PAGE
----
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Park looks to weather state cuts

Official says Torrey Pines unlikely to close

Torrey Pines State Beach and Natural Reserve is struggling to remain viable in the wake of deep state budget cuts due to the ongoing economic recession, but is unlikely to be closed.

That’s the assessment of Ronilee Clark, district superintendent for the San Diego Coast District in the State Park Service, which includes 16 parks between the U.S.-Mexico border and northern Carlsbad.

Since final passage of the state’s budget, Clark said park officials have been crunching the numbers and running alternative scenarios on what needs to be done to maintain the parks with reduced state funding.

“We are talking with potential partners - government, corporations or private - who might want to help us either taking over parity programs, helping in park operations or donors funding some programs,” Clark said. “We are really going to make a push on that over the next couple weeks.”

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Clark said the parks department should have a pretty good idea by mid to late August as to what state parks might need.

Asked if she thought the 2,000-acre Torrey Pines State Reserve, which includes coastal hiking trails and a public beach, would be on that list, Clark said, “My guess is it won’t.”

She said there are a variety of reasons that the park won’t close. “It’s really not a moneymaker, which is why it was on the original closure list, " she said. “But it does generate fairly substantial revenues: That is certainly going to be one of the factors. It also has very high visitation - another factor.”

Also weighing in on the fate of Torrey Pines State Park and Beach will be two support groups, the Torrey Pines Association (TPA) and the Torrey Pines Docent Society (TPDS). The two nonprofits are hosting a “habitat” party on the grounds of Del Mar Heights Elementary School overlooking the state park from 9 a.m. to noon Saturday, Aug. 22. What’s the cause for celebration? The 35th anniversary of the Torrey Pines State Reserve Extension, located one mile north of the main Reserve, which was added to the state park system in 1970.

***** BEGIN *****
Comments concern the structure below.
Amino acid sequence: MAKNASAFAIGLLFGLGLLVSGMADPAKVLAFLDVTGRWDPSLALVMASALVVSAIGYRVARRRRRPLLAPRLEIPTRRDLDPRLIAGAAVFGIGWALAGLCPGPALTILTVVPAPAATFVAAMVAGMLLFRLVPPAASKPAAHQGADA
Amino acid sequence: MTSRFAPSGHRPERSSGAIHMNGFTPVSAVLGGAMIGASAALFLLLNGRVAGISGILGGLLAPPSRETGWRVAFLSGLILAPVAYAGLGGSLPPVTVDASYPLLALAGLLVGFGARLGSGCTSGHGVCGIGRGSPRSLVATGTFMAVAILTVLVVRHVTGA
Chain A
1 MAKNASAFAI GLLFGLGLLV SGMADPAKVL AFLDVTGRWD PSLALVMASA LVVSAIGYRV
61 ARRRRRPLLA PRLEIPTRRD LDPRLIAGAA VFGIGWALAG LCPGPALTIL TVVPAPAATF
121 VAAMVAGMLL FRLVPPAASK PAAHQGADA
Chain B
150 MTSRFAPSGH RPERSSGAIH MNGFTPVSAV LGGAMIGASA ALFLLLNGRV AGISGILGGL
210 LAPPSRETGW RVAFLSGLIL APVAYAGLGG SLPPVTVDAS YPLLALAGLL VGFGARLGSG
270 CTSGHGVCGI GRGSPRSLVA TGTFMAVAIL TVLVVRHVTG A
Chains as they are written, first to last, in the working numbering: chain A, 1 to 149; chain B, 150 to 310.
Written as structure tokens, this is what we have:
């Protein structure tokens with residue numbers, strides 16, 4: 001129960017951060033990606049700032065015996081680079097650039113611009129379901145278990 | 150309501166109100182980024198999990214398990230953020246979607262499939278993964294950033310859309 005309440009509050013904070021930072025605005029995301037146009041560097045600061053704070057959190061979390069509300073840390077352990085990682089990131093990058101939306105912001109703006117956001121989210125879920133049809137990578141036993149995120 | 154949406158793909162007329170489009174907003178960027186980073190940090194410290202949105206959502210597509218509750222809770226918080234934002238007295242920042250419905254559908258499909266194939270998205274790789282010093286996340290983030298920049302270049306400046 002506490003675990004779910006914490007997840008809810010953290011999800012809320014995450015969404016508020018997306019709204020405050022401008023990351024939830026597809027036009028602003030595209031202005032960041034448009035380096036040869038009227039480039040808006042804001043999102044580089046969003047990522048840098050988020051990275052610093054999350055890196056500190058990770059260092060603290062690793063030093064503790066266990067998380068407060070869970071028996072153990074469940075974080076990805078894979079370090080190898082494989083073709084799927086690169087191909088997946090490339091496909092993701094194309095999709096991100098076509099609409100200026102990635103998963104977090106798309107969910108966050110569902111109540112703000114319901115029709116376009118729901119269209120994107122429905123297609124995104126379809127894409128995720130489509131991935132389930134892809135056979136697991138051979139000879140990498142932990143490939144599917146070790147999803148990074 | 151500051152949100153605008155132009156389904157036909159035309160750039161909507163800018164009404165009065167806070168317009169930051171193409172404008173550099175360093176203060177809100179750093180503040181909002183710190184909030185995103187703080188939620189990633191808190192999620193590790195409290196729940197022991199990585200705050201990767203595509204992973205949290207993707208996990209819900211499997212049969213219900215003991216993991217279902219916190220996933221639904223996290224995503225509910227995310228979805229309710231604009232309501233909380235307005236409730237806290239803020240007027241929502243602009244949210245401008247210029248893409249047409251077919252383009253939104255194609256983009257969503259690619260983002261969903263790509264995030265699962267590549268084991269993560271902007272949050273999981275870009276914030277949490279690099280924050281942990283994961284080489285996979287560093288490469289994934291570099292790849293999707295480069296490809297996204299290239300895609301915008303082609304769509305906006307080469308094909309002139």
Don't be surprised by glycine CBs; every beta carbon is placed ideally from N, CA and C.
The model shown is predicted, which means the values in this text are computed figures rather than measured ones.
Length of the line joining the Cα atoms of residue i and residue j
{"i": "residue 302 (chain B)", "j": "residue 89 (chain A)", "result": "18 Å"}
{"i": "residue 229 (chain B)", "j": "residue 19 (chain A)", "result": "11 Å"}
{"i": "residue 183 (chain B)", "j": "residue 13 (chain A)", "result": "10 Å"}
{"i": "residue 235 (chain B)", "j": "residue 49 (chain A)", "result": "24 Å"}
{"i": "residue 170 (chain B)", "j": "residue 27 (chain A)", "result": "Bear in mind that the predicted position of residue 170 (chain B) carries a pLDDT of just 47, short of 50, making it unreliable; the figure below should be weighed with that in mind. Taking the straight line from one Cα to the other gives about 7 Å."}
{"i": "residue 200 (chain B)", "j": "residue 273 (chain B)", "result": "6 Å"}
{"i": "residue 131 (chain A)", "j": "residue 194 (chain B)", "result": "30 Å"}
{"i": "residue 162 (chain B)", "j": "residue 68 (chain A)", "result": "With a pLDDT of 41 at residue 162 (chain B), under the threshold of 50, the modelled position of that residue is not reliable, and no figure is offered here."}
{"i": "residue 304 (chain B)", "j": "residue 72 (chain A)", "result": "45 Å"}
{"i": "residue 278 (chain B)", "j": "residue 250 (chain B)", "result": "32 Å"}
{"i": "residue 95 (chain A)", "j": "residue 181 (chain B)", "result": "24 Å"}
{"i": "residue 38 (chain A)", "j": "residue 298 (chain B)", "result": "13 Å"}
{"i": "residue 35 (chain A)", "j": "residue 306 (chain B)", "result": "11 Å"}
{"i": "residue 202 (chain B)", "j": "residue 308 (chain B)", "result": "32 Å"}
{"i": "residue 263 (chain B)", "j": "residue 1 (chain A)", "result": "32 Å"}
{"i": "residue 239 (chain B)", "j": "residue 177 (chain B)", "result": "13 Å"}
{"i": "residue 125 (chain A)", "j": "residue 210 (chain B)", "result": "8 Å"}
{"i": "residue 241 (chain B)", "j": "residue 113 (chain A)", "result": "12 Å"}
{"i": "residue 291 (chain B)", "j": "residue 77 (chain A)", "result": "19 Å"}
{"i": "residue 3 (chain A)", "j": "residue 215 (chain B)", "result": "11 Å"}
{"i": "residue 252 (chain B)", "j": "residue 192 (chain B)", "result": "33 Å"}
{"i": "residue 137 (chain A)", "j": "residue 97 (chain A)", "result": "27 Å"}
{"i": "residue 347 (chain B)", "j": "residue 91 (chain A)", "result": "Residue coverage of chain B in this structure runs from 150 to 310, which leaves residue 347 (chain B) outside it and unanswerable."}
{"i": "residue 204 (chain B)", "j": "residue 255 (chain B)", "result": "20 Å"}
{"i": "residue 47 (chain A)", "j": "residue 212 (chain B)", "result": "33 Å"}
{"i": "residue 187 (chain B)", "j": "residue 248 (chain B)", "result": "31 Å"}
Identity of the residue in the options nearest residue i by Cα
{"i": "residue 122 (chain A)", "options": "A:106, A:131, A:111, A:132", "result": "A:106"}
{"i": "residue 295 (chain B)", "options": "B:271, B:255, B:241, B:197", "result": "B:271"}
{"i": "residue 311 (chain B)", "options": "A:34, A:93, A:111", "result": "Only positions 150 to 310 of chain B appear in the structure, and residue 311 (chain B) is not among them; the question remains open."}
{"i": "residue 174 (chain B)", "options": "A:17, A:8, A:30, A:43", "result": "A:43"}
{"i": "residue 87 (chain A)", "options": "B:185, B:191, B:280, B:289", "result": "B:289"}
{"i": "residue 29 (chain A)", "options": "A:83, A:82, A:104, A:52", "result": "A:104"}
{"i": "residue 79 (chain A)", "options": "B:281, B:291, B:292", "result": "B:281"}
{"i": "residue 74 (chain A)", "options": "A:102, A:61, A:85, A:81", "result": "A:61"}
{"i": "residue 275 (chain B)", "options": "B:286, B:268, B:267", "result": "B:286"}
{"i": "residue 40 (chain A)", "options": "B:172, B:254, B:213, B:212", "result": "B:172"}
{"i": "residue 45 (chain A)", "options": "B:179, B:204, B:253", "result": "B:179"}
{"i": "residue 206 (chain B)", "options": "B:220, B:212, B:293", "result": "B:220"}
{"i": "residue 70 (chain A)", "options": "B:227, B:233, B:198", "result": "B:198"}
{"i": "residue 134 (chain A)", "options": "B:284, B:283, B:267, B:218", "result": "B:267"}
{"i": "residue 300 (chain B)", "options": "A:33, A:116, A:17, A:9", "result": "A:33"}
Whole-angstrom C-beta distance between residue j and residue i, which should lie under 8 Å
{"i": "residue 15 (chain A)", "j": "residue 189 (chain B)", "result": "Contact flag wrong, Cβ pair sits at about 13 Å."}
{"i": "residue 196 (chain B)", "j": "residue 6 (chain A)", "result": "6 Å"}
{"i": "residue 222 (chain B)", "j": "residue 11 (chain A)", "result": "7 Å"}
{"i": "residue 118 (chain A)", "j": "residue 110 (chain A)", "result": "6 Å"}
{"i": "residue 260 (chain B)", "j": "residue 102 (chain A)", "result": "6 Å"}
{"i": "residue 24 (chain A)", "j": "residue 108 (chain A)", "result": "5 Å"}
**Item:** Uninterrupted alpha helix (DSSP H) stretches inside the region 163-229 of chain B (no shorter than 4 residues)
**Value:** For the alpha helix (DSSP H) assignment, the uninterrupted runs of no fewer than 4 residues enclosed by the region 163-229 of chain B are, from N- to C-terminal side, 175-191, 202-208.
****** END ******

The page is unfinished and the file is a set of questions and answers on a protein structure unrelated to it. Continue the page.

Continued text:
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Patricia Masters, TPA vice president, said the drive to save the Extension started in 1964 when neighbors, alerted to bulldozers destroying mature Torrey Pines, teamed with local conservation groups to raise $700,000 over the next decade to save and created the Extension.

But, Masters added, the battle to save Torrey Pines and other state parks like it is far from over. “When the governor signed the budget he whacked another $8 million off parks,” she noted.

Peter Jensen, president of TPA, a fundraising group created in 1950 to preserve the rare torrey pines trees the park is noted for, said his group can only augment what is done at the park with state funding.

“We have no authority over the park,” he said. “Our mission is to protect and preserve, by way of fundraising, money to help the park meet some of its needs. But we don’t pay rangers’ salaries. We don’t pay for basic services and operations. These are things the state must simply do if wants to have a state parks system.”